attacked by blight and threatened with destruction, it may often be 
desirable to plow them once in the spring and harrow soon after the 
plowing, to plow them only, or to entirely withhold cultivation for a 
year, mowing the weeds and grass or pasturing with sheep. A good 
way is to plow the middle of the space between the rows, leaving half 
the ground untouched. 

Irrigation. — In irrigated orchards the grower has the advantage of 
having control of the water supply. When such orchards are attacked, 
the proper thing to do is to withhold the water supply or reduce it to 
the minimum. Only enough should be supplied to keep the leaves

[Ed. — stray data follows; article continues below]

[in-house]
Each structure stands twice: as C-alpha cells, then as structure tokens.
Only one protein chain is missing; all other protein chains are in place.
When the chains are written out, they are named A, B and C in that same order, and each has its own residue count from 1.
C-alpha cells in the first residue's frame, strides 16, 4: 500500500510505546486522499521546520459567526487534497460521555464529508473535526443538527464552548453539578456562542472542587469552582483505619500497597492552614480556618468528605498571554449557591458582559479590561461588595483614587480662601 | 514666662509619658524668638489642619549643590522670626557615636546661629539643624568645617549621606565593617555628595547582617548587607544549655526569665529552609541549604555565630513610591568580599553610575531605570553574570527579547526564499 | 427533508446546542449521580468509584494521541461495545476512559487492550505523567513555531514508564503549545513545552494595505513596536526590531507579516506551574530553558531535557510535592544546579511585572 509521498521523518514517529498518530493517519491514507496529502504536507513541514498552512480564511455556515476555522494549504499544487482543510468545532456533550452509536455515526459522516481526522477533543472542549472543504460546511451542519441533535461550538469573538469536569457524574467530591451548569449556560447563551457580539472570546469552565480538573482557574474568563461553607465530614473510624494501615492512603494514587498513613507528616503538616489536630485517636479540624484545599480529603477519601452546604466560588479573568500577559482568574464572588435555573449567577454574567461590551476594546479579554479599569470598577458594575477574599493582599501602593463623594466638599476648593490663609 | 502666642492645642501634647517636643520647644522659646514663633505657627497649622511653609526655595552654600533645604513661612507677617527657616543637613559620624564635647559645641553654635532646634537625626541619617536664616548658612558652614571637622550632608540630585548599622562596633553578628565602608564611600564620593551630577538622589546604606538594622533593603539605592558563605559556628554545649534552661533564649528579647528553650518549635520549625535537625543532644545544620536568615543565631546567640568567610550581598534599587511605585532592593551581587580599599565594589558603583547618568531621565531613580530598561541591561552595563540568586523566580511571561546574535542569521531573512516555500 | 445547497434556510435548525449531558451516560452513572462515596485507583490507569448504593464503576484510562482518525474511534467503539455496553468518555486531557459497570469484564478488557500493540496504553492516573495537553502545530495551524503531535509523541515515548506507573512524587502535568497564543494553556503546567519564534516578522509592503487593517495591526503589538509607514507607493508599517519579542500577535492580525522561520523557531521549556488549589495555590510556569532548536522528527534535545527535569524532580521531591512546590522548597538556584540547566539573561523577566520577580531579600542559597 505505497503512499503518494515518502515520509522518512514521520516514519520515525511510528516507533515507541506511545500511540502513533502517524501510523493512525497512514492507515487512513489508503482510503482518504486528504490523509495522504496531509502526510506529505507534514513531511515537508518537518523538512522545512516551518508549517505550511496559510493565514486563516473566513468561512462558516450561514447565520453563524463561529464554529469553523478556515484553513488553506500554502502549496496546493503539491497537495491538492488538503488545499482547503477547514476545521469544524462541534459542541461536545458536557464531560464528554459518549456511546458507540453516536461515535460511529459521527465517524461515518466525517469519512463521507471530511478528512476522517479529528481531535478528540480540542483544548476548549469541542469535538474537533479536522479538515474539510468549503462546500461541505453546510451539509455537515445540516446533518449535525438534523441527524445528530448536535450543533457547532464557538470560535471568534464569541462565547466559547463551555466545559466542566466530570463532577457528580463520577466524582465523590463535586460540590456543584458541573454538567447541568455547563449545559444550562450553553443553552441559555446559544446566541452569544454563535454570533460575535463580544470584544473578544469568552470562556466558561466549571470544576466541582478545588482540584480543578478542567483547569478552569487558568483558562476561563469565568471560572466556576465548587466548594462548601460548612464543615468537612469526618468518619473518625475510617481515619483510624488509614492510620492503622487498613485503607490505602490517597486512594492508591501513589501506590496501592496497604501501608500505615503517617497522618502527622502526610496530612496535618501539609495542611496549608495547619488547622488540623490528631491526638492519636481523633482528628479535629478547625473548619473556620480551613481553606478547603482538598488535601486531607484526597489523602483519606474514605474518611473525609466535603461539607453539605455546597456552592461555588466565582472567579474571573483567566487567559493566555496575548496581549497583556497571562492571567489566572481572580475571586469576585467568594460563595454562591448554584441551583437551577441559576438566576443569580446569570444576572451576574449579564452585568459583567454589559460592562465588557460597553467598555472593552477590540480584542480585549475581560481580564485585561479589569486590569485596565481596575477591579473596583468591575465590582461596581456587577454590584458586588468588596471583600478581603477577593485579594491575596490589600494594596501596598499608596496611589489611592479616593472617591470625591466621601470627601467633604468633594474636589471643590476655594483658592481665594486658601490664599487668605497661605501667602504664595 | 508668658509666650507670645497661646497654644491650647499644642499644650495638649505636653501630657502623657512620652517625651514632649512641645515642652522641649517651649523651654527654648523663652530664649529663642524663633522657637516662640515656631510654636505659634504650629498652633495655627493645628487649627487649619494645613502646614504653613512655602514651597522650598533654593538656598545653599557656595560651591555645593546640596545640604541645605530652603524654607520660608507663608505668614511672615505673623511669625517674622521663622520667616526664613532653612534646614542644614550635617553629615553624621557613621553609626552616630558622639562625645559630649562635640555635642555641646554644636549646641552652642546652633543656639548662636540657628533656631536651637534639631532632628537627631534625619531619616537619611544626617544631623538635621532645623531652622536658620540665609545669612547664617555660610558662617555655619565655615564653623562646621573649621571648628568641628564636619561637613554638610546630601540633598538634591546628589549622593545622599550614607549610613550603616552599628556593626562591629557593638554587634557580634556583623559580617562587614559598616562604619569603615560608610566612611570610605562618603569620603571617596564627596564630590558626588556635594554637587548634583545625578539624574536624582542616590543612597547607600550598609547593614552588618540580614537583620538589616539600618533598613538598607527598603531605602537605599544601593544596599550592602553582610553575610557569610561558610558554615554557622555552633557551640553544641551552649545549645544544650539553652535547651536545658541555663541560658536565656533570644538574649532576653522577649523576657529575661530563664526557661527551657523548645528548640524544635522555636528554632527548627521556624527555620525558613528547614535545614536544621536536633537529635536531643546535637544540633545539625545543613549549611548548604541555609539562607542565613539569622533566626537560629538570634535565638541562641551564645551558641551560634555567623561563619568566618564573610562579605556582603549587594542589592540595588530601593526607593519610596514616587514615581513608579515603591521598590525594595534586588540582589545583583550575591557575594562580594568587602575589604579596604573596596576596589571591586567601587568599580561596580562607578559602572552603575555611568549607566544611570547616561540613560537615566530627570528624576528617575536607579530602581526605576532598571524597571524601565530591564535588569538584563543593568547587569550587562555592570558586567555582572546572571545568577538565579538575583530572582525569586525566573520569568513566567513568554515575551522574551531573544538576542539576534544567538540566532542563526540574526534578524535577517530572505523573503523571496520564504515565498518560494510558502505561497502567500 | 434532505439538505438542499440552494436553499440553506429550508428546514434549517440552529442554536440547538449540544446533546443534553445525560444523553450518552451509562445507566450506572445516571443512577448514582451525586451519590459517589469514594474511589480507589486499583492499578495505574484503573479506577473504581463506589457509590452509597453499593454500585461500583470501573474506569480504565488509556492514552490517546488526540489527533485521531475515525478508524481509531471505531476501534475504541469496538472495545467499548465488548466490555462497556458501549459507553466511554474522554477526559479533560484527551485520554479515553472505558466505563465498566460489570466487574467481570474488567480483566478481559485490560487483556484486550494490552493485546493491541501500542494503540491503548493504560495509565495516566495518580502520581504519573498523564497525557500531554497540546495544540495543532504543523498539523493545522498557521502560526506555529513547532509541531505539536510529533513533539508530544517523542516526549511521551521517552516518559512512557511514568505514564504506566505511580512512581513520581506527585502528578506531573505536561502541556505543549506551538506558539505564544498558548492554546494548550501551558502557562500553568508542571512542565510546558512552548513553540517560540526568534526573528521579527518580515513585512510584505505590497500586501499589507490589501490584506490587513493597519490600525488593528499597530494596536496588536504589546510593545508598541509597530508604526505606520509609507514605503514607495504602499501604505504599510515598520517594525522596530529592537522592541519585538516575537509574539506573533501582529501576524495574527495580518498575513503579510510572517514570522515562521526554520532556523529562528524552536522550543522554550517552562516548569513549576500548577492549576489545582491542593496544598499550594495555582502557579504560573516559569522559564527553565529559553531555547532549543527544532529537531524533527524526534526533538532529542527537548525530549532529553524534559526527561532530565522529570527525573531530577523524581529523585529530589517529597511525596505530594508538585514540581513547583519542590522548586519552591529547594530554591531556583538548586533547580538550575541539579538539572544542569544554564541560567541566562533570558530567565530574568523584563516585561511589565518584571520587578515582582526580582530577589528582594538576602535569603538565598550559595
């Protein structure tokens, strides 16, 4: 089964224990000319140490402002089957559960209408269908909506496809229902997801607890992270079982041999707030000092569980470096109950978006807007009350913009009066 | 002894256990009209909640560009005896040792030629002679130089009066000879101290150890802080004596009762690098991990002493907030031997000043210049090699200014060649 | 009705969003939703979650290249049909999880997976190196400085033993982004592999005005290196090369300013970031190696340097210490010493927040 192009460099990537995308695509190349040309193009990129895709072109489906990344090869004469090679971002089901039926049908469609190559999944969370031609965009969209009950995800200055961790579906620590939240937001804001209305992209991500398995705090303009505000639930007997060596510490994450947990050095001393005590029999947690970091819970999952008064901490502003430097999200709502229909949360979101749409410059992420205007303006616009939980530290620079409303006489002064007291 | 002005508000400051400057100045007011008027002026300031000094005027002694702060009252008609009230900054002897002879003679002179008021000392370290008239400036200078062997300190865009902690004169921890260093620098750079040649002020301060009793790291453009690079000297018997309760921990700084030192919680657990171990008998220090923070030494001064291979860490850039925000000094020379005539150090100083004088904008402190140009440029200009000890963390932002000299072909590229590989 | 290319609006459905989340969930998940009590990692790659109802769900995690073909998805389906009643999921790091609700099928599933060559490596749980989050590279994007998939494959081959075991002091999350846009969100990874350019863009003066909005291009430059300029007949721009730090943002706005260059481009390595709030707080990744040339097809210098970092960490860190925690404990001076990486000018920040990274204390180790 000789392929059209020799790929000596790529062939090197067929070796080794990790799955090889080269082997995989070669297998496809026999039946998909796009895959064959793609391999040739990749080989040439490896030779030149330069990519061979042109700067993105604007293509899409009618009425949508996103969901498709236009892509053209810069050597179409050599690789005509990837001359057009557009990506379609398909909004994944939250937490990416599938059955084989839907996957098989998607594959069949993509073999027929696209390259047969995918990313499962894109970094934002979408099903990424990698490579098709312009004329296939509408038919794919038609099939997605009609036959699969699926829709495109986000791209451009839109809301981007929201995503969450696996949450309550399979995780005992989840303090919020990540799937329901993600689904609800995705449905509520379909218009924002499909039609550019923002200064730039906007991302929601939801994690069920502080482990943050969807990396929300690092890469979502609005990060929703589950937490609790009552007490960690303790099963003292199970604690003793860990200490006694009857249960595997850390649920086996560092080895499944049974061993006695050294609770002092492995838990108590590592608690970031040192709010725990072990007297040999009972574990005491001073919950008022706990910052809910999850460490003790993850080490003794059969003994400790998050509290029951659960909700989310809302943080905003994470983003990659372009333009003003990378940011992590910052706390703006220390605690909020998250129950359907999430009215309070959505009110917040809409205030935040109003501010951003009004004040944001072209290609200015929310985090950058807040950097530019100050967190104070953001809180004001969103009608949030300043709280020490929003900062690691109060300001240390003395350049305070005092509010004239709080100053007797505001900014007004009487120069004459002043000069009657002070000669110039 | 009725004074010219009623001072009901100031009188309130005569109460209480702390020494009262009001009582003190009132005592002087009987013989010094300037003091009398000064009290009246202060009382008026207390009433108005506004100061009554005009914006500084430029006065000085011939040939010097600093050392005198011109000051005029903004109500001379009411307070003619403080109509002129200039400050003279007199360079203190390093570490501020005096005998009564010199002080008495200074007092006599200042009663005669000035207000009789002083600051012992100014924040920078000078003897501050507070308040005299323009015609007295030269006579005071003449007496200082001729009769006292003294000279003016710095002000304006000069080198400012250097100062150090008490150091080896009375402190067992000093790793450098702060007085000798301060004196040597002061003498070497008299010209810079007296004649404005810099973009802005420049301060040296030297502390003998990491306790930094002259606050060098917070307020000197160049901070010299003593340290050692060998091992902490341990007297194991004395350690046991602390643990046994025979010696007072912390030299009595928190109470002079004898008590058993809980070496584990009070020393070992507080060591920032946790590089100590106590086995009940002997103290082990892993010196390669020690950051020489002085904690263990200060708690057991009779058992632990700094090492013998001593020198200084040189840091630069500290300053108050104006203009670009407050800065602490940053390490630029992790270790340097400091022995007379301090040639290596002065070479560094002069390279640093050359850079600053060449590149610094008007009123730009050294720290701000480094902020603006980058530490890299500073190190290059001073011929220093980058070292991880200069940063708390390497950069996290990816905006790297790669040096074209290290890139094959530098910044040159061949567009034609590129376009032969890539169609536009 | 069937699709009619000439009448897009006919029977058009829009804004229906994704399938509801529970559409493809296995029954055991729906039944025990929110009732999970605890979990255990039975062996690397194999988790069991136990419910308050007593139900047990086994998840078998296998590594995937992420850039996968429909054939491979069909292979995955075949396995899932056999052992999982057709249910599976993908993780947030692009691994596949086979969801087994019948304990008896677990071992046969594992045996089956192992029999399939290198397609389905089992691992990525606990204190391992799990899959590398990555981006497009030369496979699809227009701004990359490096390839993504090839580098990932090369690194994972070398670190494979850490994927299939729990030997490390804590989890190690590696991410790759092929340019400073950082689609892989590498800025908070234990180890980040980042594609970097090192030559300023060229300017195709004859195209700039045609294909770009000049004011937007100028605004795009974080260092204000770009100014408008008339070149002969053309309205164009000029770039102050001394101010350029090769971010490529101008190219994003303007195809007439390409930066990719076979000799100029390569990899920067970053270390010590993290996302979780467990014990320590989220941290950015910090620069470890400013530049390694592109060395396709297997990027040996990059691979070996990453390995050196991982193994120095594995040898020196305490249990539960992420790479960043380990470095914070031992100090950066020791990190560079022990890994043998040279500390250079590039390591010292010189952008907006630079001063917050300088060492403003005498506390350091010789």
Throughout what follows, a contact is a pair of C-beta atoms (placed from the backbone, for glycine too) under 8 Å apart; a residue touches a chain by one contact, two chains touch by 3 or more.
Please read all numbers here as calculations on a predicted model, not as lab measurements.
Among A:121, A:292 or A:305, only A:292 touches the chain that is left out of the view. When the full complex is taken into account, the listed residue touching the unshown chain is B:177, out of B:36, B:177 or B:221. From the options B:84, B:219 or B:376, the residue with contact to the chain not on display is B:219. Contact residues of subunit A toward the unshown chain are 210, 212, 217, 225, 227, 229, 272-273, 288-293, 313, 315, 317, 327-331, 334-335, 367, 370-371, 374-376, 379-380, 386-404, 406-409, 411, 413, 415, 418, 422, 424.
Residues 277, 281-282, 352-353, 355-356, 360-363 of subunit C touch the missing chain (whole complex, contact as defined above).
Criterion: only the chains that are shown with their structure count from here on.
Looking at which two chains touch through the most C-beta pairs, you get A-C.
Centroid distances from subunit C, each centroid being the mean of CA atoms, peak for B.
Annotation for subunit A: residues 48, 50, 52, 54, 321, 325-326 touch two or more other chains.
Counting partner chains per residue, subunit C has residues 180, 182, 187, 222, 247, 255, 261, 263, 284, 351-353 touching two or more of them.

green and the wood from shriveling. 

Extermination of the blight microbe. — We now come to the only 
really satisfactory method of controlling pear blight — that is, exter- 
minating the microbe, which causes it, by cutting out and burning 
every particle of blight when the trees are dormant. Not a single 
case of active blight should be allowed to survive the winter in the 
orchard or within a half mile or so from it. Every tree of the pome 
family, including the apple, pear, quince, Siberian crab apple, wild 
crab apple, the mountain ash, service berry, and all the species of 
Crataegus, or hawthorns, should be examined for this purpose, the 
blight being the same in all. The orchardist should not stop short of 



absolute destruction of every case, for a few overlooked may go a 
long way toward undoing all his work. Cutting out the blight may 
be done at any time in the winter or spring up to the period when 
growth begins. The best time, however, is undoubtedly in the fall,